Civilized manners, thin veneers, and the life money can buy-a perfect framework for surprise and horror that would make Alfred Hitchcock proud.


A Illusion review by Joan Ellis.

The Talented Mr. Ripley is a disturbing, absorbing commentary on the one thing Americans hate to talk about: class. Because money buys social mobility, we like to think we have transcended such things. Mr. Ripley reminds us that we just don't talk about it.

Anthony Minghella, who has written and directed Patricia Highsmith's novel of the '50s, asks the corrosive moral question: What would it take to make a person kill? The answer is the story of Tom Ripley (Matt Damon).

Tom lives in a basement, works as a men's-room attendant, and moonlights as an accompanist to a wedding singer. Tom borrows a Princeton blazer for a performance and is mistaken for a Princeton graduate by a father who begs his help. Mr. Greenleaf (James Rebhorn) will give Tom $1000 plus expenses if he will go to Italy to engineer the return of his son, Dickie (Jude Law), Princeton '56.

Dickie Greenleaf, a spoiled-rotten brat in an era that glorified spoiled expatriates, has become Italian as only Americans with unlimited time and money can. In sun-drenched splendor, Dickie hangs out in the comfortable languor of outdoor cafes and sailboats with his girlfriend, writer Marge Sherwood (Gwyneth Paltrow). When Tom arrives, he cleverly passes himself off as a former classmate of Dickie's and insinuates himself into the couple's Italian idyll. In one jump, he has become a Princeton man with money.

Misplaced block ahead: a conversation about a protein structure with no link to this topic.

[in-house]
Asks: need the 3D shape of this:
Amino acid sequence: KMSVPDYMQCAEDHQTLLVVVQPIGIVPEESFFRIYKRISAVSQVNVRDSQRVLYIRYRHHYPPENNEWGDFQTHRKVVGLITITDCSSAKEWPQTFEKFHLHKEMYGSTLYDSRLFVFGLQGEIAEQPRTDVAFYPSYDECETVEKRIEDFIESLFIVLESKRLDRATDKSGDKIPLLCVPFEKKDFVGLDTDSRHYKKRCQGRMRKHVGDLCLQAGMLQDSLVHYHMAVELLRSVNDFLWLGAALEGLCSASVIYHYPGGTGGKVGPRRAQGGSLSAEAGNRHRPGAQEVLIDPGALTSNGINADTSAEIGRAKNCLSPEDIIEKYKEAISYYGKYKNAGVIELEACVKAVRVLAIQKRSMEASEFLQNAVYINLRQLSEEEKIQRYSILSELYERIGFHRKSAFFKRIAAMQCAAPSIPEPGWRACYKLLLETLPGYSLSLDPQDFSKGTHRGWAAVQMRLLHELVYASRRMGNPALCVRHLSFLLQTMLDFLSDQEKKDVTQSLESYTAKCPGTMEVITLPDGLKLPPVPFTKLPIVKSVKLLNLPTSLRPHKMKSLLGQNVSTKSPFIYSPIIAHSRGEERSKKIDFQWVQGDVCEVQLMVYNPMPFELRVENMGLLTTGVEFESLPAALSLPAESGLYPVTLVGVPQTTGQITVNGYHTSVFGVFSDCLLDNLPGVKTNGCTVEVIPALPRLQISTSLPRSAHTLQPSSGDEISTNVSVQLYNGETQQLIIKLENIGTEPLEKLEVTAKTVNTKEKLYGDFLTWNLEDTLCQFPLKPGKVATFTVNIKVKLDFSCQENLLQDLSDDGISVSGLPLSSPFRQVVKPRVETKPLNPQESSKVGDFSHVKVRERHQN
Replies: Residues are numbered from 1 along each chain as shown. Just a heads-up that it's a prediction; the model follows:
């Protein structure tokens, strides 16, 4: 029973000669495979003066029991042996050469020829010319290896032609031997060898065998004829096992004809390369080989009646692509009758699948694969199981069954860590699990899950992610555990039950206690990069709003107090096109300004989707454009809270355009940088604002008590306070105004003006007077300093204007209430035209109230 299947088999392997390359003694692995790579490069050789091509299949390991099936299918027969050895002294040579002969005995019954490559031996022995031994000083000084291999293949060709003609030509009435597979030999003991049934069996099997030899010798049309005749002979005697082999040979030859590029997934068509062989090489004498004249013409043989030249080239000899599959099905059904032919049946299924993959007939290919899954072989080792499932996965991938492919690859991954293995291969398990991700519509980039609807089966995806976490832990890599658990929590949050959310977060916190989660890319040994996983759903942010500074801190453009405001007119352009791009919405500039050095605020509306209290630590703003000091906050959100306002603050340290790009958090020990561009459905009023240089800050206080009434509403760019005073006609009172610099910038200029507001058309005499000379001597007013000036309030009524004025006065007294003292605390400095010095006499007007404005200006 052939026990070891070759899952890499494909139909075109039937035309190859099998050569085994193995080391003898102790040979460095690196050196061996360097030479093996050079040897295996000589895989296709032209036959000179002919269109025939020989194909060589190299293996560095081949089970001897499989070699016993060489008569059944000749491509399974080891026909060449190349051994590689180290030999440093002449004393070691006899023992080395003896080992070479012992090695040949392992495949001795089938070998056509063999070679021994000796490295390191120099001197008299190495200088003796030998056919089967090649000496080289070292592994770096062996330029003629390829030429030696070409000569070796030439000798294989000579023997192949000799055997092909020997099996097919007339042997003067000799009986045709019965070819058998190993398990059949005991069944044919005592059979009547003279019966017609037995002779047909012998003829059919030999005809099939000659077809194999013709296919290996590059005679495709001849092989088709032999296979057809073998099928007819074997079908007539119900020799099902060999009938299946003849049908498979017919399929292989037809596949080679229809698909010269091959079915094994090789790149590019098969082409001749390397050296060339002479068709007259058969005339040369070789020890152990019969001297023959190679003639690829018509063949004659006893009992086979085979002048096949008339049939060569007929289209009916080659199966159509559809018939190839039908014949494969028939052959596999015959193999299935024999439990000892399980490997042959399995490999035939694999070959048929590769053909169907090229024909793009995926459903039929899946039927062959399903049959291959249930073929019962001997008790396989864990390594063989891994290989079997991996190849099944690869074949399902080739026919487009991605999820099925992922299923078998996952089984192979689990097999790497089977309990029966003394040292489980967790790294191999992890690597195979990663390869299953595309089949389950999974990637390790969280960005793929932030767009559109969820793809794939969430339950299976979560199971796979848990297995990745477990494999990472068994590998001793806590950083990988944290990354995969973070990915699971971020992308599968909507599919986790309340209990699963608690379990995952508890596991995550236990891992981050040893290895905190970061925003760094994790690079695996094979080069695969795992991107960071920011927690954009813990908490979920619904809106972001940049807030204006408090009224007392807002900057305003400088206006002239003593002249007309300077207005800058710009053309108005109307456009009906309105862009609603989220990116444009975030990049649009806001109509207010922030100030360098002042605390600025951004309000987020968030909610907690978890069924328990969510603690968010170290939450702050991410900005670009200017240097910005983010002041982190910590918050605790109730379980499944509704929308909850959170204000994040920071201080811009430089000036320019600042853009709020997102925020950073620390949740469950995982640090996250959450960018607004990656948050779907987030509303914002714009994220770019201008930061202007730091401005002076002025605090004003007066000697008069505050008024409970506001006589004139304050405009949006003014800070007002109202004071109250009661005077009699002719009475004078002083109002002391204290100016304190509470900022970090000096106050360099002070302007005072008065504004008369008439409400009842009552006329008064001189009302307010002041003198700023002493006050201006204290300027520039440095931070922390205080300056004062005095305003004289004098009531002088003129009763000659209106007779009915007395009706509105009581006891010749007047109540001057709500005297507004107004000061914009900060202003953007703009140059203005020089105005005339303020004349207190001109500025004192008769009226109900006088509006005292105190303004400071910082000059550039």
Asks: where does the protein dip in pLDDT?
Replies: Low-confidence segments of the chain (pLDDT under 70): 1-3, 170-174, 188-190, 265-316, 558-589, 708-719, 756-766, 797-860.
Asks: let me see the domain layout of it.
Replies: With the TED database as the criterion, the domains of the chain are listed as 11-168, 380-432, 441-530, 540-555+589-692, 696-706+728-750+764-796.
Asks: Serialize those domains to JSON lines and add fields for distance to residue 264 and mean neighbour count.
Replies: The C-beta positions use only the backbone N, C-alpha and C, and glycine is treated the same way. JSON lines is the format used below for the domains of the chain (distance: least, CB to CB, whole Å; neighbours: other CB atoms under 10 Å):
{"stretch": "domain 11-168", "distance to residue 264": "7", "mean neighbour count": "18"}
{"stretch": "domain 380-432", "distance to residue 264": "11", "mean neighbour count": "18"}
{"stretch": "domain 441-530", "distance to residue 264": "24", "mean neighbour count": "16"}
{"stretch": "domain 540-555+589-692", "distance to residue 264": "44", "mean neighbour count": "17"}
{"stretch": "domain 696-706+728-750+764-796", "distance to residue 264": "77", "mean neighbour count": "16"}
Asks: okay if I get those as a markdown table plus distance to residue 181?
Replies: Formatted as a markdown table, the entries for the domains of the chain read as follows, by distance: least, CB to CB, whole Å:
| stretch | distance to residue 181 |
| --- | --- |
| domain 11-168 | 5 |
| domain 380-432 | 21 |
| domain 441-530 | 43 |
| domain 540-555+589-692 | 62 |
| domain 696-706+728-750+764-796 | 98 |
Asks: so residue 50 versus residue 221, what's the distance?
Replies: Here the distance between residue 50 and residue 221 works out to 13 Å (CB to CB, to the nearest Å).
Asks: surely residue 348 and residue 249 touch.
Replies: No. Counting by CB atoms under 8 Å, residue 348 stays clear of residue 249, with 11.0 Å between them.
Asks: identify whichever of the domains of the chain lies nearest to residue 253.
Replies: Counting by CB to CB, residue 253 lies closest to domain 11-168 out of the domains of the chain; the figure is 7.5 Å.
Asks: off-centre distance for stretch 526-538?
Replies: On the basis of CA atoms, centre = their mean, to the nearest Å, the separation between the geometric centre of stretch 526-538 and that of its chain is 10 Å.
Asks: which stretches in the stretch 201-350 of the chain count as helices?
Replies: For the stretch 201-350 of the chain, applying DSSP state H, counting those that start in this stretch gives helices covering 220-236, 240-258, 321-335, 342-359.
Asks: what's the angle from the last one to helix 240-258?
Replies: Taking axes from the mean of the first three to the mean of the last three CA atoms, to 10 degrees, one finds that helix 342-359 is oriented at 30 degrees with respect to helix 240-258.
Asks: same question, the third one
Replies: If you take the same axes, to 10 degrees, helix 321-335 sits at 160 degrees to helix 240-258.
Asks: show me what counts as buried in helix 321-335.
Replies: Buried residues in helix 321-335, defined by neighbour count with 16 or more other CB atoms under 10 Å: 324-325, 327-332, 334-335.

An uncanny observer and mimic, Tom learns all the tricks he needs for this life that is suddenly his for the taking. His mission for Mr. Greenleaf forgotten, he now wants nothing less than to be Dickie Greenleaf himself. With a cold heart and a fiercely clever mind, the chameleon carves out his new identity.

A uniformly strong cast creates this riveting tale of criminal intrigue among the young idle rich. Jude Law, in his rolled up white pants and casual perfection, conveys the physical and emotional ease that enrages so many who don't have it. He is a graceful, unhurried expatriate who has decided he has no obligations.

Gwyneth Paltrow makes Marge an idle innocent with an appealing purity that crumbles when it is violated. She and Jude Law endow Marge and Dickie with qualities that could easily have made them better people had they made other choices. "The thing with Dickie," Marge says, "the sun shines on you and it's glorious, and then it's very, very cold."

Phillip Seymour Hoffman, sporting the jaded accent of the New York rich, is a terrific Freddie Miles-the trigger for unleashing the cruelty that will undo the small world he has come to visit. Cate Blanchett is predictably fine as a floating aristocrat, and Matt Damon makes Tom Ripley an agonizing portrait of destructive envy. We believe completely that Tom can't bear to lose what Dickie has. Civilized manners, thin veneers, and the life money can buy-a perfect framework for surprise and horror that would make Alfred Hitchcock proud.

Film Critic : JOAN ELLIS
Word Count : 499
Studio : Paramount
Rating : R
Running time : 2h19m

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